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Learning How to Lose a Presidential Election: A Primer for Students

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Adams table during election small.jpeg

We welcome guest blogger Ruth Ebenstein*. Ruth is an award-winning American-Israeli writer, historian and health/peace activist and author of the forthcoming book, Bosom Buddies: How Breast Cancer Fostered An Unexpected Friendship Across the Israeli-Palestinian Divide.

Even when the stakes are low, you still need to know how to handle defeat. It was this driving principle that motivated Laura Pasek, a third and fourth grade general studies teacher, to conclude her simulation of a presidential election at the Hebrew Day School of Ann Arbor with drafting acceptance speeches--and concession speeches.  Since the early days of September, her students had enthusiastically thrown themselves into a simulated election of 1800, incumbent John Adams vs. Vice President Thomas Jefferson. The students had hosted party conventions, plastered school walls with campaign ads, organized a presidential debate, and canvassed all the grades of the elementary school.   

As School Voting Day grew closer, Pasek focused on the last, and perhaps most important, lesson of the campaign: how to concede. On November 4, one founding father was going to get reelected; the other was going to lose. And it was bound to sting. 

"Kids need to know how to manage disappointment and defeat in life," said Pasek. So she worked to create a safe environment for risk and failure. Her efforts were informed by the research of Carol Dweck and Carol Dwyer that champions focusing on process rather than on outcome or intelligence. 

Pasek started off with casual role play, helping the children navigate the balance between excitement and empathy, between pride and disappointment. "What kind of facial expression would be appropriate for the victor and for the loser?" "Are you allowed to smile?" The students nodded yes. "Boastful laughter?" "No." they yelled. "Can you cry?" "Try to hold it in for your supporters, if you can" advised the students. "Or maybe slip into the bathroom." they suggested. The eight- and nine-year-olds practiced shaking hands and congratulating the other side. Together, they brainstormed conciliatory phrases, such as "I wish you luck in the presidency" and "I look forward to working with you."  Esther, Thomas Jefferson's campaign manager, went as far as offering John Adams the position of Secretary of State. 

Drafting Acceptance and Concession Speeches 
Then they turned their attention to composing speeches. To set a regal tone Pasek read the letter President George H.W. Bush left in the Oval Office in 1993 for his successor, incoming President Bill Clinton. 

"Dear Bill, When I walked into this office just now, I felt the same sense of wonder and respect that I felt four years ago... You will be our President when you read this note... Your success is now our country's success. I am rooting for you. Good luck, George"

The room was quiet. Enraptured students seemed to be listening intently, sans the regular wiggling of bodies and whispered conversation, as if absorbing the text, tone and tenor of this real presidential moment.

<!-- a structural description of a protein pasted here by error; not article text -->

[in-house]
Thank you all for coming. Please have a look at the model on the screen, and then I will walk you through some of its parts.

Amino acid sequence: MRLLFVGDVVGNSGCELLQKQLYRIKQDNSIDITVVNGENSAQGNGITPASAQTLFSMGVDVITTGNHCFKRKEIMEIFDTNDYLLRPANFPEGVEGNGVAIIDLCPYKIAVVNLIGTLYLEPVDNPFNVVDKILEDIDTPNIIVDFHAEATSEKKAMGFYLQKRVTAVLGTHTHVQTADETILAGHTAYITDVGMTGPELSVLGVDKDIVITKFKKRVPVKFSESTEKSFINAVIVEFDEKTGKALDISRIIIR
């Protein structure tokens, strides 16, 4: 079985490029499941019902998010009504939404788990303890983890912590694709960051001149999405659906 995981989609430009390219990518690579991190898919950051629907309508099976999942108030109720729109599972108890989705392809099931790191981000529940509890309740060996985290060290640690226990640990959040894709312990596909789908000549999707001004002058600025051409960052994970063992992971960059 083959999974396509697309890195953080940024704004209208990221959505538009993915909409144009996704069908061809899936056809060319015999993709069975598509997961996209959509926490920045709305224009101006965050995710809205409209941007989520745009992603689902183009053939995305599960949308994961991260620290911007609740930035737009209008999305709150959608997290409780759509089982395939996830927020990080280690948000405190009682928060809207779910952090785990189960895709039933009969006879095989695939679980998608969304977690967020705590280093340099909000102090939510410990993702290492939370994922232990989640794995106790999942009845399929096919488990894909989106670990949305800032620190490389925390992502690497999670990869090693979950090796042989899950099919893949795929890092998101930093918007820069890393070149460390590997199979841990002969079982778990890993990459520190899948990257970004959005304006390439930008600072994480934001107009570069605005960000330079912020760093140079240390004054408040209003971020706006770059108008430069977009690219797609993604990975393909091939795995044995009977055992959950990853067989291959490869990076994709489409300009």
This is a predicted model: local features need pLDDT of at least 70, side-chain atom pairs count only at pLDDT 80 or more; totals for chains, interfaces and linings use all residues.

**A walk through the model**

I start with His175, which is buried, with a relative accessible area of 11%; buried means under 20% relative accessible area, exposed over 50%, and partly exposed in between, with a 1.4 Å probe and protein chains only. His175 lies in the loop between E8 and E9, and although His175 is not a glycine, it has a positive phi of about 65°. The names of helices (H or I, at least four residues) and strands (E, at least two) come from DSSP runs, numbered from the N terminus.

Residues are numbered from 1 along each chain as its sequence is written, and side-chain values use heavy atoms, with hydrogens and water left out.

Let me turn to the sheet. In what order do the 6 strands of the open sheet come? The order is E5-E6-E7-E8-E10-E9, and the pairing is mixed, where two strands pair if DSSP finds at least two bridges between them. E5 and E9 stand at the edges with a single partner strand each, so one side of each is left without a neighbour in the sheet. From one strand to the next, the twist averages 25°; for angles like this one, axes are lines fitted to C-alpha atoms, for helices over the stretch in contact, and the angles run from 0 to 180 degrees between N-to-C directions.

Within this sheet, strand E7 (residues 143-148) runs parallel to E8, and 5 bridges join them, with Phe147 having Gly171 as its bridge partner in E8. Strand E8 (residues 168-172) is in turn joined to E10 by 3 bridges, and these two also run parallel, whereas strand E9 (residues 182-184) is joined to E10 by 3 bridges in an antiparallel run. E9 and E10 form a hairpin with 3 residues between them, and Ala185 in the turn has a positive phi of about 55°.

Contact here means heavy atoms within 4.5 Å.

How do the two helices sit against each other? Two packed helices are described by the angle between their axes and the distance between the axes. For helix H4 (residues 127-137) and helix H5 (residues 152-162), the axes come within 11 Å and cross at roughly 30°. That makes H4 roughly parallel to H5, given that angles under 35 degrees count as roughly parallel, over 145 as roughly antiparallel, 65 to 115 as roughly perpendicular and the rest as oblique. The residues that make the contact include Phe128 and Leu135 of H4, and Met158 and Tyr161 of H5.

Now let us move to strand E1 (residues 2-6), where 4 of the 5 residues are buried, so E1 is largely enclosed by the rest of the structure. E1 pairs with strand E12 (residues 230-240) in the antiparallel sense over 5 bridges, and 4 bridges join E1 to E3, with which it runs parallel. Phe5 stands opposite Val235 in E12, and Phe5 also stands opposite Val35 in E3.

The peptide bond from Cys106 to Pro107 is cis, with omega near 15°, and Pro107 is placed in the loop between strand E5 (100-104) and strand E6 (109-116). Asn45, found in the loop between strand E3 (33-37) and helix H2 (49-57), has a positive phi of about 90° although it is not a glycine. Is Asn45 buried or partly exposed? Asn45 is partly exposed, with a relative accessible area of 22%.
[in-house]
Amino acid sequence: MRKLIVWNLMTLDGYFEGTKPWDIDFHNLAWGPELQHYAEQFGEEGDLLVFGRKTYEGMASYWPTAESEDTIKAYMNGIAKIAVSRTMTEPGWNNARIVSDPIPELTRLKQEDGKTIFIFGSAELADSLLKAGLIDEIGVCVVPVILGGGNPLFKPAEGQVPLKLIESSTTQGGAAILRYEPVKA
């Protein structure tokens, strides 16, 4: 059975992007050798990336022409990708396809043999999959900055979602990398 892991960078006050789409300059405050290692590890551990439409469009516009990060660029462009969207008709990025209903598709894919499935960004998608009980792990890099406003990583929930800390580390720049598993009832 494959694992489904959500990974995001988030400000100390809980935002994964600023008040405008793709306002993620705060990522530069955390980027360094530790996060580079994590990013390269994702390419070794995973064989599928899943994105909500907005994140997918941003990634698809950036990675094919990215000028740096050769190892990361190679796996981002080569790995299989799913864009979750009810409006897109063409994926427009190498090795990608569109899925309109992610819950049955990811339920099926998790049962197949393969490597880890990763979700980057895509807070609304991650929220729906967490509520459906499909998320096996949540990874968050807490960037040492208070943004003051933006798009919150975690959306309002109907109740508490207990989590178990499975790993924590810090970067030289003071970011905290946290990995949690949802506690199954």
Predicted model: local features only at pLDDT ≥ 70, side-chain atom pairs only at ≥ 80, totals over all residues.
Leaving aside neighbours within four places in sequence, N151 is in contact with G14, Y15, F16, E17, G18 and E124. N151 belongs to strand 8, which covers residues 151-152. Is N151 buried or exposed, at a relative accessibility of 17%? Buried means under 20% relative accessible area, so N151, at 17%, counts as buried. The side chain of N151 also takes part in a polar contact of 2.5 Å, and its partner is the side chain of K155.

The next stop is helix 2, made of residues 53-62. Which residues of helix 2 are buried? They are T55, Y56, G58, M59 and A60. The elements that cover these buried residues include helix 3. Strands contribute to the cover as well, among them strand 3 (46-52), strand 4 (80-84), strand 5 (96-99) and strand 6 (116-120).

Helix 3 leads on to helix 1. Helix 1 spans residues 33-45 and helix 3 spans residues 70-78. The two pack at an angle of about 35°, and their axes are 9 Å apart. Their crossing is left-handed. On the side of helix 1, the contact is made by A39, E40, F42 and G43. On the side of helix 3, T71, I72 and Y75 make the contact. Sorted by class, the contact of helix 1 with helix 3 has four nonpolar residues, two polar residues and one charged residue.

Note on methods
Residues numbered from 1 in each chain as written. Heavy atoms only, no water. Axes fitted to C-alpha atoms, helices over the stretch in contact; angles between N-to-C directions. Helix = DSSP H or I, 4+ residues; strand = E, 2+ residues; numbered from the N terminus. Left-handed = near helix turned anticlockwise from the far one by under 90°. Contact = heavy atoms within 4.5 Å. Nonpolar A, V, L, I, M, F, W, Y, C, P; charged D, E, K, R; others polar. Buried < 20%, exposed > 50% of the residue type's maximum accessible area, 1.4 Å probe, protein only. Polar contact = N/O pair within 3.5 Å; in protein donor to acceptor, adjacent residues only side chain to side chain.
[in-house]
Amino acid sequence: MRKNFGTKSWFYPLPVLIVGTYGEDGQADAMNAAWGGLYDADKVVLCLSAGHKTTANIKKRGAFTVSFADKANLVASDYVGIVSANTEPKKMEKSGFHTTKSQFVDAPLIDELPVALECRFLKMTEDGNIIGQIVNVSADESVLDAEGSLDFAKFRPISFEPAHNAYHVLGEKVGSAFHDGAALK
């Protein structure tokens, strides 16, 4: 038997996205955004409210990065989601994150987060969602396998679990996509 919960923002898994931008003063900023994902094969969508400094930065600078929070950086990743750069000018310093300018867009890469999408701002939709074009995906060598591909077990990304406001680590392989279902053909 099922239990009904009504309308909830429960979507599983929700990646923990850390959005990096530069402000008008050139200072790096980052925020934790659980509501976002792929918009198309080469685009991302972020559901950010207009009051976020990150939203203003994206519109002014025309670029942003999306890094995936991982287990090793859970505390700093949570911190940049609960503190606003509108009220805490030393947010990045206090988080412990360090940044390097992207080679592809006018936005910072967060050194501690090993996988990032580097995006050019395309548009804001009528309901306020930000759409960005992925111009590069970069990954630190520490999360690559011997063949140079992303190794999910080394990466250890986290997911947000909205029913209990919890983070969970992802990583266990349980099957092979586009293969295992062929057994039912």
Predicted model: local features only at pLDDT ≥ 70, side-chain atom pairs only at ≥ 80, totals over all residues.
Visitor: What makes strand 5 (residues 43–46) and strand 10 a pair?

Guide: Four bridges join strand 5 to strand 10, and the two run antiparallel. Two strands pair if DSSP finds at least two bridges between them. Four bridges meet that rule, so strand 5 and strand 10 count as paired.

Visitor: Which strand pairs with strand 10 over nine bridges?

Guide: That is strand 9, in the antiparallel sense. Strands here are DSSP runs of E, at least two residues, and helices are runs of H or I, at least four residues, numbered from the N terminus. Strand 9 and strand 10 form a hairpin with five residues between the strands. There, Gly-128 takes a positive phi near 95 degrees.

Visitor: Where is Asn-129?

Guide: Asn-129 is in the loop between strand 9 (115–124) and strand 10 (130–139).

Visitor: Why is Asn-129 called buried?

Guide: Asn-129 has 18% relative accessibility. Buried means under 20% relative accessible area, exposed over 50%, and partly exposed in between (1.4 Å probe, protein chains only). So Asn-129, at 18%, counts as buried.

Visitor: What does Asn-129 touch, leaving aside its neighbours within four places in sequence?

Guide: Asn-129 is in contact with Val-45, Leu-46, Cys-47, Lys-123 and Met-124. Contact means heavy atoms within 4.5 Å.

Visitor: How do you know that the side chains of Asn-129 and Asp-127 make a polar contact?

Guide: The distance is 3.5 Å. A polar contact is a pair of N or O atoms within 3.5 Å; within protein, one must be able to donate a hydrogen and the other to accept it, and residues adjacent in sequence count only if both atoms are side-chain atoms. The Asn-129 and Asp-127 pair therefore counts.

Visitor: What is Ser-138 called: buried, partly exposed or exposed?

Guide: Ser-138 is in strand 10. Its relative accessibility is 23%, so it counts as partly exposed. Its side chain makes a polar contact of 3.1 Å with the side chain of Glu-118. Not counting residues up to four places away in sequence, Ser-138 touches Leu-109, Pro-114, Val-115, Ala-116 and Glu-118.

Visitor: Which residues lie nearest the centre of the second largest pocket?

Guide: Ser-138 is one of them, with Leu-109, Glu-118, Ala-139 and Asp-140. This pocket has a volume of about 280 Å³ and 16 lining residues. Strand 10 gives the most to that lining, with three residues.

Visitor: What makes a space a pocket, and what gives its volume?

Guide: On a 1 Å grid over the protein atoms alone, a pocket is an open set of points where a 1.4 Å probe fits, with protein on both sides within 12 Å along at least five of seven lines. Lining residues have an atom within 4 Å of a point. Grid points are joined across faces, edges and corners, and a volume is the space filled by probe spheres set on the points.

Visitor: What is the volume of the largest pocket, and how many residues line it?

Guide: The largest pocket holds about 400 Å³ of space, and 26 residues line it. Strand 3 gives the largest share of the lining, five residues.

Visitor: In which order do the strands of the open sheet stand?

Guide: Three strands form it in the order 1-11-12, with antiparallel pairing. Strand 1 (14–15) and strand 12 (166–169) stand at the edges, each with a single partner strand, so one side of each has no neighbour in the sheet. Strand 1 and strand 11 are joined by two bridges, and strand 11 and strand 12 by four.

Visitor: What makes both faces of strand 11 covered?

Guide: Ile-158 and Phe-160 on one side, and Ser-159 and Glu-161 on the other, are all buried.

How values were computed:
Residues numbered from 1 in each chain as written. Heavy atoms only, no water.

Then the third-graders and fourth-graders turned to penning their own speeches. Pasek's guidelines: accept the results of the election, offer encouragement to supporters, congratulate the other side, and lay out a vision for moving forward together. Working in groups of four, the students typed up their ideas, revised their drafts, and designated one student to give the remarks.

History Repeats Itself: Thomas Jefferson Wins
Fast forward to November 4th. As in the election of 1800, Thomas Jefferson was victorious: in 2016, he won 54.3 percent votes; John Adams took 45.7 percent. Hannah, a.k.a., John Adams, looked down at the speech she had hoped she wouldn't have to give. A white colonial wig covering her shoulder-length hair, she sighed and grabbed her papers. Standing tall, she walked over to the presidential podium. 

"My Fellow Americans, I congratulate Thomas Jefferson on his victory.  I thank my supporters and those who made this election such an exciting experience. I hope Thomas Jefferson will use some of my ideas during his presidency, such as paying slaves.  Thomas Jefferson is good and has lots of experience.  I wish you a good four years as our president.  Thank you. God bless you and God bless America."

When Hannah walked off stage, she smiled warmly at the other seven members of the John Adams team.
Then, Livnat, a.k.a. Thomas Jefferson, stepped up to the podium to give her acceptance speech. 

"I accept the important role of president. I pledge to be the best president I can be. And to John Adams' supporters, trust me that I am listening and hear your ideas. I promise to make decisions that will be in America's best interest. That includes you."

Livnat stepped down to join her winning team, sitting to the right of the podium. As they had practiced, all eight of Thomas Jefferson team shook hands with all eight of the John Adams teams. There were a few long faces and heavy sighs. Still, Hannah said she had no regrets. 

"Knowing how to win is easy," said Hannah. "What's difficult is to know how to lose. I did a good job, we all worked hard, and I feel proud of that. If you've done your best, then it's just okay to lose."

More about Ruth:
Ruth is also the author of  "All of this country is called Jerusalem": a curricular guide about the contemporary rescue operations of the American Jewish Joint Distribution Committee and has written two teleplays for children, Follow that Goblin and Follow that Bunny. Follow her on Facebook and Twitter.  

Photo courtesy of Michael Fried

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